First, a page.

Good heavens, something's wriggling out of the shadow like a gray snake. Now it's another one, and another. They look like tentacles to me. There, I can see the thing's body. It's large, large as a bear and it glistens like wet leather. But that face, it . . . Ladies and gentlemen, it's indescribable. I can hardly force myself to keep looking at it. The eyes are black and gleam like a serpent. The mouth is V-shaped with saliva dripping from its rimless lips that seem to quiver and pulsate. The monster or whatever it is can hardly move. It seems weighed down by . . . possibly gravity or something. The thing's raising up. The crowd falls back now. They've seen plenty. This is the most extraordinary experience. I can't find words . . . I'll pull this microphone with me as I talk. I'll have to stop the description until I can take a new position. Hold on, will you please, I'll be right back in a minute.

(FADE INTO PIANO)

ANNOUNCER:

We are bringing you an eyewitness account of what's happening on the Wilmuth farm, Grovers Mill, New Jersey. (MORE PIANO) We now return you to Carl Phillips at Grovers Mill.

PHILLIPS:

Ladies and gentlemen (Am I on?). Ladies and gentlemen, here I am, back of a stone wall that adjoins Mr. Wilmuth's garden. From here I get a sweep of the whole scene. I'll give you every detail as long as I can talk. As long as I can see. More state police have arrived They're drawing up a cordon in front of the pit, about thirty of them. No need to push the crowd back now. They're willing to keep their distance. The captain is conferring with someone. We can't quite see who. Oh yes, I believe it's Professor Pierson. Yes, it is. Now they've parted. The Professor moves around one side, studying the object, while the captain and two policemen advance with something in their hands. I can see it now. It's a white handkerchief tied to a pole . . . a flag of truce. If those creatures know what that means . . . what anything means!. . . Wait! Something's happening!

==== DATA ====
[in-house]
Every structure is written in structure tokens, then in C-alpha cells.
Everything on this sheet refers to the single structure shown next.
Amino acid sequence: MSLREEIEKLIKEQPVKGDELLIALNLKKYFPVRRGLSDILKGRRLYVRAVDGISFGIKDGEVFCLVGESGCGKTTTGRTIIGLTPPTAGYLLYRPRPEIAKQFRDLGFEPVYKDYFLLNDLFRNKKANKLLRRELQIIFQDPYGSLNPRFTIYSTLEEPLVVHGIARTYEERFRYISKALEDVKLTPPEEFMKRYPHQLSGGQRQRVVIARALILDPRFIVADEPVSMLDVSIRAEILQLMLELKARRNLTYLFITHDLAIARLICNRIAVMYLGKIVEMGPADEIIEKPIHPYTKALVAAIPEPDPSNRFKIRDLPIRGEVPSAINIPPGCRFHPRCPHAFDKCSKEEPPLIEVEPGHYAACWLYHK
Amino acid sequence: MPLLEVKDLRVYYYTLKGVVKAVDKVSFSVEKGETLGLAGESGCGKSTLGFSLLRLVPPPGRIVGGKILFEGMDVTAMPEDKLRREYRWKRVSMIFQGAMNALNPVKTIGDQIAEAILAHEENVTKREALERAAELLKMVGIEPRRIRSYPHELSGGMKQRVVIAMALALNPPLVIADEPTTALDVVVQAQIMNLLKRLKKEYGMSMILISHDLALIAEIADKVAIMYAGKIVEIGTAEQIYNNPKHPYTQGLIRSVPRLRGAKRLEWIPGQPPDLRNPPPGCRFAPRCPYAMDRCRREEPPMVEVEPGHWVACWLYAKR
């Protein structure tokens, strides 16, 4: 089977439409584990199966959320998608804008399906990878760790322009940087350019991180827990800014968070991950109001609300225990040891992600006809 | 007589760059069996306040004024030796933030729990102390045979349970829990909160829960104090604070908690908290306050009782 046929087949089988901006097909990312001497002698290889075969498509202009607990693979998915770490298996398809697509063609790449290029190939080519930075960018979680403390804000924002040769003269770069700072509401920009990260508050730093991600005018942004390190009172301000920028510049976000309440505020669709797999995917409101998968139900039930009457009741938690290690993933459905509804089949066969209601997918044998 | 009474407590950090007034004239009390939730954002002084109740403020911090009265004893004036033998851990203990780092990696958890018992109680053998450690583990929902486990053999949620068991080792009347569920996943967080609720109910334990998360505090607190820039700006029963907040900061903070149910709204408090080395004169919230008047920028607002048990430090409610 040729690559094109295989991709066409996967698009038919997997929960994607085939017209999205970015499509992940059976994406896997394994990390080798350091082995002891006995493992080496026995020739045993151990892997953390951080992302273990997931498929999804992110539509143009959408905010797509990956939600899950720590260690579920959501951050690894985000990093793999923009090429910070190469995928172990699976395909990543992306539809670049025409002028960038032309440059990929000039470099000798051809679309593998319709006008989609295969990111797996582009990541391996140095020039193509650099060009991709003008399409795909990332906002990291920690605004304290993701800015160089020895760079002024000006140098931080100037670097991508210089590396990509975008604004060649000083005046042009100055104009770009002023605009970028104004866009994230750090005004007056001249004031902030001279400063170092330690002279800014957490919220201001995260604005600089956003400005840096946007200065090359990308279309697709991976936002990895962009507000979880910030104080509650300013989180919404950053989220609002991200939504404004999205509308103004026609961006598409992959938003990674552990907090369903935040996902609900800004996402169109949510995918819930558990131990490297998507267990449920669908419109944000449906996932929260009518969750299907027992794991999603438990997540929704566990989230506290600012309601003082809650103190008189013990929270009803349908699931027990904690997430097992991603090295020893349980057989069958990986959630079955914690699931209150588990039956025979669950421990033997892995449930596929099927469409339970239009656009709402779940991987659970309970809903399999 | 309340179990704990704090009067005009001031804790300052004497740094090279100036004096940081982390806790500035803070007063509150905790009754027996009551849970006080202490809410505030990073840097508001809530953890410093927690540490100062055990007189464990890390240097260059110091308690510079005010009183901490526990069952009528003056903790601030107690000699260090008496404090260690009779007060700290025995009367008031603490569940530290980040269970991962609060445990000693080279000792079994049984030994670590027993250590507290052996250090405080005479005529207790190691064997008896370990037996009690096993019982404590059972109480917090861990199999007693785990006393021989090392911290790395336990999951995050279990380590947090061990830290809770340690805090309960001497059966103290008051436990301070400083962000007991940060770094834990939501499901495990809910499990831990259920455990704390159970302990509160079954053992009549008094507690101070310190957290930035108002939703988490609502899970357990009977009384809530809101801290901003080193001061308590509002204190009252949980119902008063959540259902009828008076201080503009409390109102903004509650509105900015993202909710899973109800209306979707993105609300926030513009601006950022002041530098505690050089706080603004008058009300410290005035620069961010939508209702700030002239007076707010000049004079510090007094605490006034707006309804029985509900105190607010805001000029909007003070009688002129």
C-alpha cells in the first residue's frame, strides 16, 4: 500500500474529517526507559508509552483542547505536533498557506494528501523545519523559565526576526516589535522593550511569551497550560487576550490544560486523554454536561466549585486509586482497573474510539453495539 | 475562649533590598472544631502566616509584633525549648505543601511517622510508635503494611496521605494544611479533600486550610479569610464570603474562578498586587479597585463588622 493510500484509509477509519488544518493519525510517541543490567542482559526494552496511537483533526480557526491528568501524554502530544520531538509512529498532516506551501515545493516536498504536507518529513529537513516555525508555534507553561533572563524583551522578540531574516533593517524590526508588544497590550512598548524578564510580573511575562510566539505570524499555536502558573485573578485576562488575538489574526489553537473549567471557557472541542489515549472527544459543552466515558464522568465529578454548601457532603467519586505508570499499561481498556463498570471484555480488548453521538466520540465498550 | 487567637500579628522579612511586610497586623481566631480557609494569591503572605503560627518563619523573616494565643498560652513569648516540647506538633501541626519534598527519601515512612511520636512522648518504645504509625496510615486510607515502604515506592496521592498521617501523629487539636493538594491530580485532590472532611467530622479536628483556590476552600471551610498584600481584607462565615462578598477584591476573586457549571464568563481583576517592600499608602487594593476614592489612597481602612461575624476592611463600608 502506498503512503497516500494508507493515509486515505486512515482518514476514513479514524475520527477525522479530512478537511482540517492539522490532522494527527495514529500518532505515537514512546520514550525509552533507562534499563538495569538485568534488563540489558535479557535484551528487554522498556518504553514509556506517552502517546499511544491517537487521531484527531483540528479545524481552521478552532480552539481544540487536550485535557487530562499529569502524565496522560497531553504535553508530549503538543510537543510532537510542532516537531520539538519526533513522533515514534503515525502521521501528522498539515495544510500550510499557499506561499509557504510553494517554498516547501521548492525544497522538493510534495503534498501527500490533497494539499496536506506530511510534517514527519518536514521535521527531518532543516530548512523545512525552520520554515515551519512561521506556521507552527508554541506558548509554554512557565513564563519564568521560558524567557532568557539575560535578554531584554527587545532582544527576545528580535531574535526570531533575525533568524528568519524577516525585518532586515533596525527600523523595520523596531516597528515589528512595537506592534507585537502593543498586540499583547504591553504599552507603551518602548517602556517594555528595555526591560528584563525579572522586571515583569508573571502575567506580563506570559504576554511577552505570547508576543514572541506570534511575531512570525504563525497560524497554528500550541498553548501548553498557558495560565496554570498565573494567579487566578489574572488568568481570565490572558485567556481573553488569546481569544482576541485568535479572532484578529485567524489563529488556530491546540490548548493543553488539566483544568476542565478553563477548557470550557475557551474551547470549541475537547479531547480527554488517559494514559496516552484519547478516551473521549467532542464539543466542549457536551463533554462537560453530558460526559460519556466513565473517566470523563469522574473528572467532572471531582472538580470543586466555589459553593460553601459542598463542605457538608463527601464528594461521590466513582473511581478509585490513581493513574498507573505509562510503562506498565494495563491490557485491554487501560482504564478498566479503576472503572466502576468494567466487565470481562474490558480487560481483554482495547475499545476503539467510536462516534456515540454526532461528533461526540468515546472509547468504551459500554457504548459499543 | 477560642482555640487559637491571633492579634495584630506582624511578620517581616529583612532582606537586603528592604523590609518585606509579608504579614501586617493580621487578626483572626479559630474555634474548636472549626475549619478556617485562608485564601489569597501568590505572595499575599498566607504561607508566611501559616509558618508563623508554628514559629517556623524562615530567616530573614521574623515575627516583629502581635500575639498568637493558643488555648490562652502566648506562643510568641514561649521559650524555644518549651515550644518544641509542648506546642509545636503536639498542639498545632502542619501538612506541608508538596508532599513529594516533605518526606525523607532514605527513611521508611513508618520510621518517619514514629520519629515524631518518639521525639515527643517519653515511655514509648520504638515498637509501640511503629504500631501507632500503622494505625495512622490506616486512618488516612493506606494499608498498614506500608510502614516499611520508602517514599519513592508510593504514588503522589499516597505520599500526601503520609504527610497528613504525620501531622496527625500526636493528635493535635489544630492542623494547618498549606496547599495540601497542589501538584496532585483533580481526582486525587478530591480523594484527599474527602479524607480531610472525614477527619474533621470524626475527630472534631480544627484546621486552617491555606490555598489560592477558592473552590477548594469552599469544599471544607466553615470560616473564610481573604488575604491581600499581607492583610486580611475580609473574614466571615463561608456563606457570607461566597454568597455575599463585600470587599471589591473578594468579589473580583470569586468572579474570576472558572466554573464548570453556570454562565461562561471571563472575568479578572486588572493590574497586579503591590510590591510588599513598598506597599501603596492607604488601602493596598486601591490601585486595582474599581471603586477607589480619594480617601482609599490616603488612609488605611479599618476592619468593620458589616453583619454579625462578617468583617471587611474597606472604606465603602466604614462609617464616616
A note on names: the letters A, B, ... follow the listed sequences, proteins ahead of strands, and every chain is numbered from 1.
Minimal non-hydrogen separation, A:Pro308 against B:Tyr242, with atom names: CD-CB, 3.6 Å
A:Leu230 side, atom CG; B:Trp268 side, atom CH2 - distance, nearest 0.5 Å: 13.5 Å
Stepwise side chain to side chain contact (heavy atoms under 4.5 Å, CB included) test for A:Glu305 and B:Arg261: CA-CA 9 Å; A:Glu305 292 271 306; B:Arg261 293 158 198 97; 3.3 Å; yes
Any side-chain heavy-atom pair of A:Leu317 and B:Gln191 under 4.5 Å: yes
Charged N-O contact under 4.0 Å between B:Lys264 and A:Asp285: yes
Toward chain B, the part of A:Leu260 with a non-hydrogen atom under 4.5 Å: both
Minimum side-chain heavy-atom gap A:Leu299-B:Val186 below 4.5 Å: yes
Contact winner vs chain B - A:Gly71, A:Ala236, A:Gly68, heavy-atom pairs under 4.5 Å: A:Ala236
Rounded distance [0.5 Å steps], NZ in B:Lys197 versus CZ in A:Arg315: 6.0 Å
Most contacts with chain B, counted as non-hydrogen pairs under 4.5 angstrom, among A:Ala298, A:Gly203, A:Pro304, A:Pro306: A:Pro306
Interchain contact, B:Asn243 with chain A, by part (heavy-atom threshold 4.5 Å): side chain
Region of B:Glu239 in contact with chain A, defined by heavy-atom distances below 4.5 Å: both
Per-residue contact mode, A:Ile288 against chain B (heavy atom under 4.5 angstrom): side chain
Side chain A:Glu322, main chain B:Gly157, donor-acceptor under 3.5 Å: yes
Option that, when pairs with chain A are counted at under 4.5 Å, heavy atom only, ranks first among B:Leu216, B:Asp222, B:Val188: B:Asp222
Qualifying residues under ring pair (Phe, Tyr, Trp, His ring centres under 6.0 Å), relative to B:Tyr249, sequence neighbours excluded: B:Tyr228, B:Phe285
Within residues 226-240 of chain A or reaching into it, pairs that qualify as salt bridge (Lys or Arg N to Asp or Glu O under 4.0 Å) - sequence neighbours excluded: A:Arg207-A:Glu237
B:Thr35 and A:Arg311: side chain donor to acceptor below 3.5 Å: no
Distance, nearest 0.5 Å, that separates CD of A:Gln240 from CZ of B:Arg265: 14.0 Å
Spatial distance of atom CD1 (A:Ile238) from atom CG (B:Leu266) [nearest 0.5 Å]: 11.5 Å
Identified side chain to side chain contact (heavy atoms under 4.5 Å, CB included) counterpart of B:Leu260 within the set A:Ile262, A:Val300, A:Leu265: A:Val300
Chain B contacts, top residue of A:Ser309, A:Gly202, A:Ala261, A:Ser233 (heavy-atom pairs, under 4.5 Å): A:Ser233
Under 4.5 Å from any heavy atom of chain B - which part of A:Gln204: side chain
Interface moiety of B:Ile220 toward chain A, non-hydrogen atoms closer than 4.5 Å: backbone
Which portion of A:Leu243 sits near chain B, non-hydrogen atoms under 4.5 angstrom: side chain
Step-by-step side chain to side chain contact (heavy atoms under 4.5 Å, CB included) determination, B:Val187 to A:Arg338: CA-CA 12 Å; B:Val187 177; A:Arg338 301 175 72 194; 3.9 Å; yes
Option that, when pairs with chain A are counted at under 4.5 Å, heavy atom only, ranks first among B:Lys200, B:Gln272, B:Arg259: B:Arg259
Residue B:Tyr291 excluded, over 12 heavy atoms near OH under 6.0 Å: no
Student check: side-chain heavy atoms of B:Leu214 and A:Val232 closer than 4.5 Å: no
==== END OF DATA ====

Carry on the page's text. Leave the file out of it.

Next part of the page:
(HISSING SOUND FOLLOWED BY A HUMMING THAT INCREASES IN INTENSITY)

PHILLIPS:

A humped shape is rising out of the pit. I can make out a small beam of light against a mirror. What's that? There's a jet of flame springing from the mirror, and it leaps right at the advancing men. It strikes them head on! Good Lord, they're turning into flame!

(SCREAMS AND UNEARTHLY SHRIEKS)

PHILLIPS:

Now the whole field's caught fire. (EXPLOSION) The woods . . . the barns . . . the gas tanks of automobiles . . . it's spreading everywhere. It's coming this way. About twenty yards to my right . . .

(DEAD SILENCE)

ANNOUNCER:

Ladies and gentlemen, due to circumstances beyond our control, we are unable to continue the broadcast from Grovers Mill. Evidently there's some difficulty with our field transmission. However, we will return to that point at the earliest opportunity. In the meantime, we have a late bulletin from San Diego, California. Professor Indellkoffer, speaking at a dinner of the California Astronomical Society, expressed the opinion that the explosions on Mars are undoubtedly nothing more than severe volcanic disturbances on the surface of the planet. We now continue with our piano interlude.

(PIANO . . . THEN CUT)

ANNOUNCER TWO:

Ladies and gentlemen, I have just been handed a message that came in from Grovers Mill by telephone. Just a moment. At least forty people, including six state troopers lie dead in a field east of the village of Grovers Mill, their bodies burned and distorted beyond all possible recognition. The next voice you hear will be that of Brigadier General Montgomery Smith, commander of the state militia at Trenton, New Jersey.

SMITH: